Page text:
First comes love, then comes marriage, then comes all the financial benefits of marriage. If you’ve been married for a long time, then you probably have already reaped some of the financial benefits that come from being married, like better mortgage rates, better rates on home and auto insurance, and probably one of the biggest advantages – savings on health insurance. But how does marriage affect your Medicare benefits? Are premiums cheaper if you and your spouse are on the same plan? Unfortunately, these questions lead to one of the biggest mistakes married couples make when applying for Medicare. Keep reading to find out the most common Medicare mistake married couples.
Common Medicare Mistake Made by Married Couples The most common mistake married couples make when applying for Medicare is thinking they need to choose the same plan as their spouse. They don’t. Medicare is an individual plan, there is no family plan. As a result, you and your spouse should choose a plan that is based on your individual health needs. There are a variety of plans available to Medicare beneficiaries so while one plan may be best for your partner, it may not be the best choice for you. Even if you and your spouse choose identical Medicare health plans, you will still pay separate premiums, deductibles, coinsurance, and copayments. What each spouse should consider before choosing a Medicare Plan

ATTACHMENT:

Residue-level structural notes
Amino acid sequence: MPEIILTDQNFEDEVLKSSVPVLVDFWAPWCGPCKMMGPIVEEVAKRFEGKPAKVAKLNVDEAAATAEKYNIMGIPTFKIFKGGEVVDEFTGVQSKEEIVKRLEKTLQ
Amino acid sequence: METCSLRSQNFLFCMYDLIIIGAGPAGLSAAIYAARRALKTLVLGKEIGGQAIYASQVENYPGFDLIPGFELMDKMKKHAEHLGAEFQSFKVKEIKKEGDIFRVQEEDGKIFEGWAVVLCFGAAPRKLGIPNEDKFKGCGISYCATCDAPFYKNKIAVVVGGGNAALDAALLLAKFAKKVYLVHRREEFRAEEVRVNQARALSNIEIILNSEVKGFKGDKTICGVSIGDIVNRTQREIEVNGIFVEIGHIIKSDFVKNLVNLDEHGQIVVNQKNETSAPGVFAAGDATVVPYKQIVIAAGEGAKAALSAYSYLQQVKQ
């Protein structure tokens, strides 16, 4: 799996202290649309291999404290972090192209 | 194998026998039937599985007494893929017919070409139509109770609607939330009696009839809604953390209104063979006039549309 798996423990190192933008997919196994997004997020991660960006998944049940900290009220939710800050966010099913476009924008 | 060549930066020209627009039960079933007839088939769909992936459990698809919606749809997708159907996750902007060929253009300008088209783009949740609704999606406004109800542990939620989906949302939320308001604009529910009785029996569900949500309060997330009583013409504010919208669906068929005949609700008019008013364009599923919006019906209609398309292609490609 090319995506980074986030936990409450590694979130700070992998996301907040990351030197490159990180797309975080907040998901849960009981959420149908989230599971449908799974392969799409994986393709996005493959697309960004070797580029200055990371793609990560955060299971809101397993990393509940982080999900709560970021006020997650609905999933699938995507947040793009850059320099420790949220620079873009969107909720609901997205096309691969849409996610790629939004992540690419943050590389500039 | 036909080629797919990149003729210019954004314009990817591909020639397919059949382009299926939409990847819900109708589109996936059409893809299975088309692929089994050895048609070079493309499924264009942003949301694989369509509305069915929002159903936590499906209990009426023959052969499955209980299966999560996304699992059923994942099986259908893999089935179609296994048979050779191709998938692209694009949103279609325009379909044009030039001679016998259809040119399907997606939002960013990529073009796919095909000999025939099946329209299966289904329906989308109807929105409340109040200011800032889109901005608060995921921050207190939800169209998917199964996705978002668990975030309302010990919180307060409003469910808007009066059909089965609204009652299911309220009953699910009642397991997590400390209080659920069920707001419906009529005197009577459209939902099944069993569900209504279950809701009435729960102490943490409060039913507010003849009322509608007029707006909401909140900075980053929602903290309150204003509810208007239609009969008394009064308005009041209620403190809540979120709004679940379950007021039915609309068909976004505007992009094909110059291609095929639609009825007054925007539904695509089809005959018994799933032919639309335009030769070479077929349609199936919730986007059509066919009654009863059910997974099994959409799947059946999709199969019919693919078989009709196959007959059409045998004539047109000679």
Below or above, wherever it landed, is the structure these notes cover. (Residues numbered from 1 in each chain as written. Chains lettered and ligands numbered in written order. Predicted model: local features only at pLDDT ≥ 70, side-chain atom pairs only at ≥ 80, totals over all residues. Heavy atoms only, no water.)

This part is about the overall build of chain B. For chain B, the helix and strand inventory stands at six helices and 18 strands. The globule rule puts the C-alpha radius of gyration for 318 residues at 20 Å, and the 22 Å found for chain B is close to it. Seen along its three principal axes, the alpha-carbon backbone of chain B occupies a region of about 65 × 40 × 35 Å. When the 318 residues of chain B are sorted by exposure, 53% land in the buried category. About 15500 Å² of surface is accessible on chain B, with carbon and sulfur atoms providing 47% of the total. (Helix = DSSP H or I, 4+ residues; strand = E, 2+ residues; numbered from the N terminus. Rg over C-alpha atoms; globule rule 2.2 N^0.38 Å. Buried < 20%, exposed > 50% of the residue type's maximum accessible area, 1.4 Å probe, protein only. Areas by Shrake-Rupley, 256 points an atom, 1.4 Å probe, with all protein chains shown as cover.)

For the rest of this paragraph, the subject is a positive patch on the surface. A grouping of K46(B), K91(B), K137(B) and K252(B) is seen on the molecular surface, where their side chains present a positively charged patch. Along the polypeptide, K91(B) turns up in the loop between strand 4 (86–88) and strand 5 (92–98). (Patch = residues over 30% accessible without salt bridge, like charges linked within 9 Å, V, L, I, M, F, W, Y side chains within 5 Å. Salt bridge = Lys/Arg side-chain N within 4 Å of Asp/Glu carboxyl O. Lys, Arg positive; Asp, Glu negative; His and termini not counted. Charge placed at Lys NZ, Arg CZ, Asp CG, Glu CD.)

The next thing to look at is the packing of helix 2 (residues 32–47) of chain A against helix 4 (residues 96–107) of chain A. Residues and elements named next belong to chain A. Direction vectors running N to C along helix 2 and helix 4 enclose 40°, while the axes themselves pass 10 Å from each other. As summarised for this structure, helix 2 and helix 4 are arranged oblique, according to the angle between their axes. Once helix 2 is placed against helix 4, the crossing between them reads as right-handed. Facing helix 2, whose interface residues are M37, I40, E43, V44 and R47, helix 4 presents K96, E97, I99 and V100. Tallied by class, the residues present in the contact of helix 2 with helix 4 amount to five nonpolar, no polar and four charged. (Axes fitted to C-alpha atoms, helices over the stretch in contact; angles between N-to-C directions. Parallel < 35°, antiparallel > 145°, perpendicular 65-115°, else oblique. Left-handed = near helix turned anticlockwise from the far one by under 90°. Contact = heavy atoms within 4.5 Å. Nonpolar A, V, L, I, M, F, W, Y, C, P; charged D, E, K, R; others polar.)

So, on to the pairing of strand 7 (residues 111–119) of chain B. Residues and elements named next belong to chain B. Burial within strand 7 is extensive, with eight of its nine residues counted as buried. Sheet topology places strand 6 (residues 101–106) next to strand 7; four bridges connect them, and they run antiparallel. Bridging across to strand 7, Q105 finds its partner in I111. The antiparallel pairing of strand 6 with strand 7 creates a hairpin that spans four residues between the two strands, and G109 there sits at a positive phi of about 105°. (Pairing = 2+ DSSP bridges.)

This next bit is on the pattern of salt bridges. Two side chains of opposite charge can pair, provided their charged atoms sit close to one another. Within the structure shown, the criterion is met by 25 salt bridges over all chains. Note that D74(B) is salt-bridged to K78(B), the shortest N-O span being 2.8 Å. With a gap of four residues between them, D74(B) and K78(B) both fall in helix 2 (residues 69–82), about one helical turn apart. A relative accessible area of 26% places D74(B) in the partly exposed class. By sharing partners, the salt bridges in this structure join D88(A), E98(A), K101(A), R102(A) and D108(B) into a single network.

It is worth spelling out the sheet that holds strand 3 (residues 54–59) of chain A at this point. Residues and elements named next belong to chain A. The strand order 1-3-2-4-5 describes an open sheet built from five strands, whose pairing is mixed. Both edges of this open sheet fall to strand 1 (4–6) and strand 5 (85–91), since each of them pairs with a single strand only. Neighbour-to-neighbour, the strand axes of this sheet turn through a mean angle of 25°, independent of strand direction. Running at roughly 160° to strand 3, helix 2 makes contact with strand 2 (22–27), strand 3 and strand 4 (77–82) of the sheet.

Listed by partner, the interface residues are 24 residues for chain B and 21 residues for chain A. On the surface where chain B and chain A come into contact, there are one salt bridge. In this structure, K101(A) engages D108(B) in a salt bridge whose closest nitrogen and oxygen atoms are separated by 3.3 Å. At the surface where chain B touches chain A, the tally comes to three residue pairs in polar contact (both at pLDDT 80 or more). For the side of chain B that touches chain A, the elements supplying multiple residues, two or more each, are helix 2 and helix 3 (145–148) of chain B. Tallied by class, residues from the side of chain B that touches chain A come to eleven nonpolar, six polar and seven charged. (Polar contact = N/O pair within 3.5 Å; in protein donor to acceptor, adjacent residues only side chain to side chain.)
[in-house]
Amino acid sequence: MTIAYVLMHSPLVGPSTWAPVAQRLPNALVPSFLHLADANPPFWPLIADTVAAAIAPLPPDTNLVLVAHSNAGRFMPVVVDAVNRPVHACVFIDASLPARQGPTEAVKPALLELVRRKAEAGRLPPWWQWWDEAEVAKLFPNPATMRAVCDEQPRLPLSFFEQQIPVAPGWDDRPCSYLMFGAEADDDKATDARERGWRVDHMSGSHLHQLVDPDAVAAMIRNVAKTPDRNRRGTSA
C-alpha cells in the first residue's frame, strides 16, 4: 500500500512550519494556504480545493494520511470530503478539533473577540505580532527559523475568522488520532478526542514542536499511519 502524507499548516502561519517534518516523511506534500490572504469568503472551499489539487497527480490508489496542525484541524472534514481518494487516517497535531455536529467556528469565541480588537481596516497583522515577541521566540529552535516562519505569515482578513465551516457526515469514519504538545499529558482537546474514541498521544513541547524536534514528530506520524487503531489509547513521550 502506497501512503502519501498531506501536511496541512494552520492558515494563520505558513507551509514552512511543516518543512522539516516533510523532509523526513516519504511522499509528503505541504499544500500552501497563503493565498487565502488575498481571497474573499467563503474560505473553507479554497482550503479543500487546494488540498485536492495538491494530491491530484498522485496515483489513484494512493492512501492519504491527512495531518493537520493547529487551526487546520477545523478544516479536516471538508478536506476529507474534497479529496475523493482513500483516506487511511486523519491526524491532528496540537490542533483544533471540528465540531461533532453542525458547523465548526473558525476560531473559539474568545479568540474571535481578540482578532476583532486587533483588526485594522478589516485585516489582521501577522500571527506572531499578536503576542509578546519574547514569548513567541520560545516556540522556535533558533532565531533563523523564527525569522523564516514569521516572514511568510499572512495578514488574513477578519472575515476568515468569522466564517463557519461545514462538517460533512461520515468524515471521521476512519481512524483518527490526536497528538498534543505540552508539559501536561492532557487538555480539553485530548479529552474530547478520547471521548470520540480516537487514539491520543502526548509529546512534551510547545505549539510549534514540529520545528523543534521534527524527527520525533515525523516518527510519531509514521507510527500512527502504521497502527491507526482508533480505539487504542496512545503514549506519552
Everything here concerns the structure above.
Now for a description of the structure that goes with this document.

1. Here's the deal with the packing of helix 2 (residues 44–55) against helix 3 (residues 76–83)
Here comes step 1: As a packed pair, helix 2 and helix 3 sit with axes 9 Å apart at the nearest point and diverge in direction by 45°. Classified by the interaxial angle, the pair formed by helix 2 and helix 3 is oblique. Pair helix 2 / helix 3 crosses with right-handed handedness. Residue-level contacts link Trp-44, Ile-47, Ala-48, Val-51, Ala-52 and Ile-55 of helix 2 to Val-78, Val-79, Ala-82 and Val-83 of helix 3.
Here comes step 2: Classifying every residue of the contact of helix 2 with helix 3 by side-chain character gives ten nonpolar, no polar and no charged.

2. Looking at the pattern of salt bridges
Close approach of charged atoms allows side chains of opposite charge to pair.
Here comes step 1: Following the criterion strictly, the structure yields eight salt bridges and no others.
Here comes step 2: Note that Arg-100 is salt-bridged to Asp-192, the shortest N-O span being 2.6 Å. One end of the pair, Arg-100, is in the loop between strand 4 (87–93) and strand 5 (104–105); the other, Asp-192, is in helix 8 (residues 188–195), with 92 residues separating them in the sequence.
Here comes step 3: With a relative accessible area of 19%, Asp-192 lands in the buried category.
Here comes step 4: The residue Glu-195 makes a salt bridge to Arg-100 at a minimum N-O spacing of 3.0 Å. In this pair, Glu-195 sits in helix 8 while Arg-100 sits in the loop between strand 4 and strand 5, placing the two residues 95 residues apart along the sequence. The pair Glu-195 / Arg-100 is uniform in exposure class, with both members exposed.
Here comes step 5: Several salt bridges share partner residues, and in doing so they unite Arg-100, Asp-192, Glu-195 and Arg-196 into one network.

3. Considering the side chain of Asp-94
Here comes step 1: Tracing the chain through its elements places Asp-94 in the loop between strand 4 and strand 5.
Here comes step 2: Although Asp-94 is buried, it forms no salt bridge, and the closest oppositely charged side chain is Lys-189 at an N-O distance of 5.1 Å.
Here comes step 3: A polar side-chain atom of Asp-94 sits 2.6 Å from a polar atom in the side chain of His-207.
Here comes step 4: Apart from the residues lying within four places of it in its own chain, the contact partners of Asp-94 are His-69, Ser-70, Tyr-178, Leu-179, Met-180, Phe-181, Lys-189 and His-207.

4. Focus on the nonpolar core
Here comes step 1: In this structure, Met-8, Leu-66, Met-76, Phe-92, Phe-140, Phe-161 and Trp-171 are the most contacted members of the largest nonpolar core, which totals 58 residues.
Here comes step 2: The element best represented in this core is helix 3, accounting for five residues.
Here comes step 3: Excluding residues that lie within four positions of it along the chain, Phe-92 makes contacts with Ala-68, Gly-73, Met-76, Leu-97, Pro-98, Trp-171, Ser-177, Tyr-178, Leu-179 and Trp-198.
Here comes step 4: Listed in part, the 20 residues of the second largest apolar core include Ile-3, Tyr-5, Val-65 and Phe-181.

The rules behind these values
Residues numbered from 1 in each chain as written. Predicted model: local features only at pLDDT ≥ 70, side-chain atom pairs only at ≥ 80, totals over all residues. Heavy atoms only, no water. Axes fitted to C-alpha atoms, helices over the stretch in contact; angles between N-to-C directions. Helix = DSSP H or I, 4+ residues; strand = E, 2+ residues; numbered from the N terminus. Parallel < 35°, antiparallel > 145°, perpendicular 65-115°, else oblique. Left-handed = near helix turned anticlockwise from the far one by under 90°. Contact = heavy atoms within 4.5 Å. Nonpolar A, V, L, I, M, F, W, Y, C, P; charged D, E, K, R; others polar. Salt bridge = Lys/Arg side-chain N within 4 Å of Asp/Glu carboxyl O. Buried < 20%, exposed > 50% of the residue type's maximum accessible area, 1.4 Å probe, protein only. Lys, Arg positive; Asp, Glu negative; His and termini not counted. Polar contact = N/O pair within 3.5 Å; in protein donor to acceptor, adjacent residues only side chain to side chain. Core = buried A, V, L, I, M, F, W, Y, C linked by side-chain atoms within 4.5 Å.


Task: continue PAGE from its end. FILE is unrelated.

Health Needs Each spouse should look at their health needs separately and choose a plan accordingly. For instance, one spouse may have an illness that requires frequent doctor visits. In that case, that spouse will need a plan that caters to their specific needs.
Doctors and Specialists Do you have a favorite Doctor that you would like to keep? Or does your health status require you to see a specialist? Some Medicare plans, like Original Medicare (Part A and Part B), allow you to see any provider or doctor that accepts Medicare. While other Medicare plans, like a Medicare Advantageplan, have a specific network of doctors to choose from.
Medications When it comes to prescription drug coverage you have two options – a stand-alone Part D drug plan or a Medicare Advantage plan. Again, each spouse should look at their prescription drug needs separately. Think about which medications you take and how many. Each prescription drug plan differs on the list (formularies) of prescription drugs they offer as well as the different tiers each drug falls in. Costs can increase for drugs that are on higher tiers. Since medication needs differ between individuals, there is no right or wrong plan prescription drug plan to choose from.
Dental, Vision, or Hearing Coverage When choosing a Medicare plan it is important to consider whether or not dental, vision, or hearing coverage is important to you. Original Medicare does not cover these services. Some Medicare Advantage plans do cover these services. Some individuals also choose to have these services covered by a private insurance company.